The SGSN 216 and GGSN 218 are elements added for GPRS support; namely packet switched data support, within GSM. The SGSN 216 and MSC 210 have similar responsibilities within the wireless network 200 by keeping track of the location of each mobile device 100. The SGSN 216 also performs security functions and access control for data traffic on the wireless network 200. The GGSN 218 provides internetworking connections with external packet switched networks and connects to one or more SGSN's 216 via an Internet Protocol (IP) backbone network operated within the network 200. During normal operations, a given mobile device 100 must perform a “GPRS Attach” to acquire an IP address and to access data services. This requirement is not present in circuit switched voice channels as Integrated Services Digital Network (ISDN) addresses are used for routing incoming and outgoing calls. Currently, all GPRS capable networks use private, dynamically assigned IP addresses, thus requiring the DHCP server 220 to be connected to the GGSN 218. There are many mechanisms for dynamic IP assignment, including using a combination of a Remote Authentication Dial-In User Service (RADIUS) server and DHCP server. Once the GPRS Attach is complete, a logical connection is established from the mobile device 100, through the PCU 208, and the SGSN 216 to an Access Point Node (APN) within the GGSN 218. The APN represents a logical end of an IP tunnel that can either access direct Internet compatible services or private network connections. The APN also represents a security mechanism for the wireless network 200, insofar as each mobile device 100 must be assigned to one or more APNs and the mobile devices 100 cannot exchange data without first performing a GPRS Attach to an APN that it has been authorized to use. The APN may be considered to be similar to an Internet domain name such as “myconnection.wireless.com”.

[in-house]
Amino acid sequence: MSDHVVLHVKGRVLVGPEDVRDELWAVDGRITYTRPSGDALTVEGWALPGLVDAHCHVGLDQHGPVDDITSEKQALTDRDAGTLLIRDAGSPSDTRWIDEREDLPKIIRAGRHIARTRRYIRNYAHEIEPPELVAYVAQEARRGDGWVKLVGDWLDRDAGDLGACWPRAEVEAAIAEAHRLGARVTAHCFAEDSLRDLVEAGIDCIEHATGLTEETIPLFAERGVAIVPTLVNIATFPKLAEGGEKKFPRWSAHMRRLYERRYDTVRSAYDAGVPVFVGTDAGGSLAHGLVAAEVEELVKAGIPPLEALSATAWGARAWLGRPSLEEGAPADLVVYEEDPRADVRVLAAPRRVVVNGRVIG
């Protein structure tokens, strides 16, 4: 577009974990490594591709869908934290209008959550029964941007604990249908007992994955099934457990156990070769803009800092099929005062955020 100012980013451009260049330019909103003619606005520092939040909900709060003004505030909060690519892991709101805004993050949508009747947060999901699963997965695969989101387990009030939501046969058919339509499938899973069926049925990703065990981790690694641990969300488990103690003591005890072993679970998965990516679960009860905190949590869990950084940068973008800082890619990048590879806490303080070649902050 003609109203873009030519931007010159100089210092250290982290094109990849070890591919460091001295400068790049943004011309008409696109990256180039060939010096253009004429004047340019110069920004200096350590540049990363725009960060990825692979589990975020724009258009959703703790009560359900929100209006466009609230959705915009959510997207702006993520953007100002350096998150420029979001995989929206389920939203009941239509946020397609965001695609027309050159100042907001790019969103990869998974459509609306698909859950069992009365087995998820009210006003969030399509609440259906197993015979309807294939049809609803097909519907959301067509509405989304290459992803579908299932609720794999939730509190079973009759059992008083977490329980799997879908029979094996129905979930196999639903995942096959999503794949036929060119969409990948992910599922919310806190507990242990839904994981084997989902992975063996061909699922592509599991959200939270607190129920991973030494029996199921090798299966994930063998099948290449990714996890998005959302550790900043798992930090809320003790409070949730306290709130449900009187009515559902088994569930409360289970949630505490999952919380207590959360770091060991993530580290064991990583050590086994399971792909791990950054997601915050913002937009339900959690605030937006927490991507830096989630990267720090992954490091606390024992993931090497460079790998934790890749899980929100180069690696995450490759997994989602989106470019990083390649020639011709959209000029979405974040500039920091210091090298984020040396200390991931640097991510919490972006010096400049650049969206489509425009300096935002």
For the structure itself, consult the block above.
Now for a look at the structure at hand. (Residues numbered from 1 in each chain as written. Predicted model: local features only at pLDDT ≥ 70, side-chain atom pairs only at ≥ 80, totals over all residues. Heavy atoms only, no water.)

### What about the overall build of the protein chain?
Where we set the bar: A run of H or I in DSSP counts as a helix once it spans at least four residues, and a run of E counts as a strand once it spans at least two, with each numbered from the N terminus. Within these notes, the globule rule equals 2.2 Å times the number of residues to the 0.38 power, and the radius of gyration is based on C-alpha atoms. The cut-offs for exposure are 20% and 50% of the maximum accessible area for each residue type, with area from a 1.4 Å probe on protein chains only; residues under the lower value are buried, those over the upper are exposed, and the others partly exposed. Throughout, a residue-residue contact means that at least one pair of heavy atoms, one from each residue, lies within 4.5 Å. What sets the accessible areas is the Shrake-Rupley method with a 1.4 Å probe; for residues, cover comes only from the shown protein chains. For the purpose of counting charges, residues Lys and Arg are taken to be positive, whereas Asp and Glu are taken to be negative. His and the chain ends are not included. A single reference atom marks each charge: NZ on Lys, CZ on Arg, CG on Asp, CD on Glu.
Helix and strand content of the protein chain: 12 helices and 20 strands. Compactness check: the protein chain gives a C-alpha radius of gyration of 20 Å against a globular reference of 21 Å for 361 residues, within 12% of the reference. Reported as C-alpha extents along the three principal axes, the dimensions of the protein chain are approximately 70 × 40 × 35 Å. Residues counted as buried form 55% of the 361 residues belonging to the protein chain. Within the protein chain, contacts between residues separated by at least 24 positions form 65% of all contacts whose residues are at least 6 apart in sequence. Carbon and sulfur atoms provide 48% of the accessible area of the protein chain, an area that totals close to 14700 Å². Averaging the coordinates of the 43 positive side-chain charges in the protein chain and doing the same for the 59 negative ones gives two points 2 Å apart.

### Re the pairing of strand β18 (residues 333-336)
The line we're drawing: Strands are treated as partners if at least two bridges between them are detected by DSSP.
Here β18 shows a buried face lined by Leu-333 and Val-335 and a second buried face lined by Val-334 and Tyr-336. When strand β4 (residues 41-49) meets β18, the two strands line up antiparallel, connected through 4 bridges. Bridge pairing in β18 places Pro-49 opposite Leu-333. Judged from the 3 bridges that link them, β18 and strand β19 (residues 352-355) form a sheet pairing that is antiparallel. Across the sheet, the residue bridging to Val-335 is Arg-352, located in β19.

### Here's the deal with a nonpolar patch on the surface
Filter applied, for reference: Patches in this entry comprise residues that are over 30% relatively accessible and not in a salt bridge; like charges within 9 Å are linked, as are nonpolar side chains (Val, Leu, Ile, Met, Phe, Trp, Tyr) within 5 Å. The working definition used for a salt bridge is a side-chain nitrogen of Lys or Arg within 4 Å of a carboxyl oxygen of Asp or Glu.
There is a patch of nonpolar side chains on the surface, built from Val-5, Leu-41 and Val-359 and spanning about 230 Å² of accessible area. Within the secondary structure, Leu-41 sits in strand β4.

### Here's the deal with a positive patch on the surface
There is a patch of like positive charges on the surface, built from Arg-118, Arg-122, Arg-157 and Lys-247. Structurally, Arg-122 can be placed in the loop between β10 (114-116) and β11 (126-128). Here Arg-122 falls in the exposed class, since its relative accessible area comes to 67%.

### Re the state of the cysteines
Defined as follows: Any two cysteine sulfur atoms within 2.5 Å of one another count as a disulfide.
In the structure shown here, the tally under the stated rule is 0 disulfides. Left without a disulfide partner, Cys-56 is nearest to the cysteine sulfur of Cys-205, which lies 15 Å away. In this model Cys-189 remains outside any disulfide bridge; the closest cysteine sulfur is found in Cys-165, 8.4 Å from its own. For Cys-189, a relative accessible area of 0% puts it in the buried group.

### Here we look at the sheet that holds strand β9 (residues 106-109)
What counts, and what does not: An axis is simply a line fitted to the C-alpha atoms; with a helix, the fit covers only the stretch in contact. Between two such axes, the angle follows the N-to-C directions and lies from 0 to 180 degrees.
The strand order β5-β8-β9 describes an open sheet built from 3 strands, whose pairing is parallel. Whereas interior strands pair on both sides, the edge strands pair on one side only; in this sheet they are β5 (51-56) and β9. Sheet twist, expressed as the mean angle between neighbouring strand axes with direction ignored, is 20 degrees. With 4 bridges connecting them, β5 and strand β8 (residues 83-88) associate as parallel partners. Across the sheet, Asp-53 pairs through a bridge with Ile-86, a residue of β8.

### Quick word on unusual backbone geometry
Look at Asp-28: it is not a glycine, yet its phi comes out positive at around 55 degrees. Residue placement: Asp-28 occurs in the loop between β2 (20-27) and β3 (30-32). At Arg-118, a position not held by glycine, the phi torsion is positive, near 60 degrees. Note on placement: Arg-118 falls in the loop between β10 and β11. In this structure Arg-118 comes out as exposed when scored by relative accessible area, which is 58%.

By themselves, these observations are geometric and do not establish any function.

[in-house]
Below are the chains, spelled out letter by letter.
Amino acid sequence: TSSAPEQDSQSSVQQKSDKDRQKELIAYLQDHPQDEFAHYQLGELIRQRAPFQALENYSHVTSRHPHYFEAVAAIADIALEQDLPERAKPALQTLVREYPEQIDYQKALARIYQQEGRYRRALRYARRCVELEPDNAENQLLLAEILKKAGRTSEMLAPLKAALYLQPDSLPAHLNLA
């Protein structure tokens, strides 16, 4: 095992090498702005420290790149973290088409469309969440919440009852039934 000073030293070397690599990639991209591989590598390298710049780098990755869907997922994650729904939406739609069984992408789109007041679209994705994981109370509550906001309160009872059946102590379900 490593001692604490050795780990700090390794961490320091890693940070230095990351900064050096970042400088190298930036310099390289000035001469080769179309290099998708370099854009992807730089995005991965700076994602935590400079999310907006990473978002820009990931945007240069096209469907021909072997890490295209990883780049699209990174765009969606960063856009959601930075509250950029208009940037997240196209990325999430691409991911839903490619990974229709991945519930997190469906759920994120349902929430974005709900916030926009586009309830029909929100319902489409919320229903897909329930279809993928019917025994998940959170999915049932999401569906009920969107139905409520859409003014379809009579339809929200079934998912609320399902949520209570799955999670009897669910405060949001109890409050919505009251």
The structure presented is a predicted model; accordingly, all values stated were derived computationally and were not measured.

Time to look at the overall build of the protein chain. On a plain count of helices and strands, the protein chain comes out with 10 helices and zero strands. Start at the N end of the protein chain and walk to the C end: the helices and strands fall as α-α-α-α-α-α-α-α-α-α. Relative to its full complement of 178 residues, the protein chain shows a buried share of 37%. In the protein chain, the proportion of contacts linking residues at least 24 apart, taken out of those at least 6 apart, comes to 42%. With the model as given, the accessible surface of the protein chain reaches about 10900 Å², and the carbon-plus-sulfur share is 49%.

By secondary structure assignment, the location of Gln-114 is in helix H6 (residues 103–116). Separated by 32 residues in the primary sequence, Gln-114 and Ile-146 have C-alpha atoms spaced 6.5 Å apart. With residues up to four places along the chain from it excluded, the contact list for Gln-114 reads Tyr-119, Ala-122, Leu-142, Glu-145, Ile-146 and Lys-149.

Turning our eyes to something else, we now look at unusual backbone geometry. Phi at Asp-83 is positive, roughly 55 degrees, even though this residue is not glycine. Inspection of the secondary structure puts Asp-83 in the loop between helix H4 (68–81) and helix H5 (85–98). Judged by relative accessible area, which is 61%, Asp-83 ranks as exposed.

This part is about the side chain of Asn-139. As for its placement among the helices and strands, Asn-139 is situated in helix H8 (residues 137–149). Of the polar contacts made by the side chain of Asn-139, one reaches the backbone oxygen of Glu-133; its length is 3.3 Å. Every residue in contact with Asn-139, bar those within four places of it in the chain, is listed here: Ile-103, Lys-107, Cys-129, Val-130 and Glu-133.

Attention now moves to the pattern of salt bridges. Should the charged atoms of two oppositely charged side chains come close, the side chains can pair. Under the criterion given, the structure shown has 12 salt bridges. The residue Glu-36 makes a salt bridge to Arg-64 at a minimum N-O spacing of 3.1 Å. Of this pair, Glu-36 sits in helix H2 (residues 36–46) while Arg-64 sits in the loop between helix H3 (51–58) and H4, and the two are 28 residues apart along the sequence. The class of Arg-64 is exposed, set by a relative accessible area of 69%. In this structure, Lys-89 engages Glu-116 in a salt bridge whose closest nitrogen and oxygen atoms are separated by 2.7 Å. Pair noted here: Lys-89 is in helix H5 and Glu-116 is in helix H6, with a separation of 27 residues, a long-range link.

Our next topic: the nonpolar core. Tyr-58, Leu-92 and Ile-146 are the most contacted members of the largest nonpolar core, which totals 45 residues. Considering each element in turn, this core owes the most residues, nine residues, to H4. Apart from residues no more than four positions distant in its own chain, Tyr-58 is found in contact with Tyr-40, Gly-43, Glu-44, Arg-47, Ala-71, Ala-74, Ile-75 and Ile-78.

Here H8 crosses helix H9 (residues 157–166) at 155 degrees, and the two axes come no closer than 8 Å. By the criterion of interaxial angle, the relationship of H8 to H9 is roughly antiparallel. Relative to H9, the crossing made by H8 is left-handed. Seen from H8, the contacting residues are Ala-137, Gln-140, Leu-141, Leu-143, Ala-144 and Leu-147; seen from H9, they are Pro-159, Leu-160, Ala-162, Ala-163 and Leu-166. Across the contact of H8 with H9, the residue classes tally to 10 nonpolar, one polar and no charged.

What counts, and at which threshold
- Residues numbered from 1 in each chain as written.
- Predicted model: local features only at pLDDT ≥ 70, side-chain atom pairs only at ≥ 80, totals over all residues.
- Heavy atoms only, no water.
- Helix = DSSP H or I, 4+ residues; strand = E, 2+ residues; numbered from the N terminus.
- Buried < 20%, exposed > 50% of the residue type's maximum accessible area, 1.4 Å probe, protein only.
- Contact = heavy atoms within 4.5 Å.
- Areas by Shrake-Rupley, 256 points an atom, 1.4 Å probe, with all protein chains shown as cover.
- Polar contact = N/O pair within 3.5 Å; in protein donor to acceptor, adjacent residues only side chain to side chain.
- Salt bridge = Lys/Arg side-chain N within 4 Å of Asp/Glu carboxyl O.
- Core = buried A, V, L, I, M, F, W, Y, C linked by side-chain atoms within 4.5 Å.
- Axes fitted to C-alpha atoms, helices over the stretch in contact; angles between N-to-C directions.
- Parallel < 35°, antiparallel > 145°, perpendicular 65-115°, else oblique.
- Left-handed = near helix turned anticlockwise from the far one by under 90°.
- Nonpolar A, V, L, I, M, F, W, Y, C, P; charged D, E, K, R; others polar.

Once the GPRS Attach is complete, a tunnel is created and all traffic is exchanged within standard IP packets using any protocol that can be supported in IP packets. This includes tunneling methods such as IP over IP as in the case with some IPSecurity (IPsec) connections used with Virtual Private Networks (VPN). These tunnels are also referred to as Packet Data Protocol (PDP) contexts and there are a limited number of these available in the wireless network 200. To maximize use of the PDP Contexts, the wireless network 200 will run an idle timer for each PDP Context to determine if there is a lack of activity. When the mobile device 100 is not using its PDP Context, the PDP Context can be de-allocated and the IP address returned to the IP address pool managed by the DHCP server 220.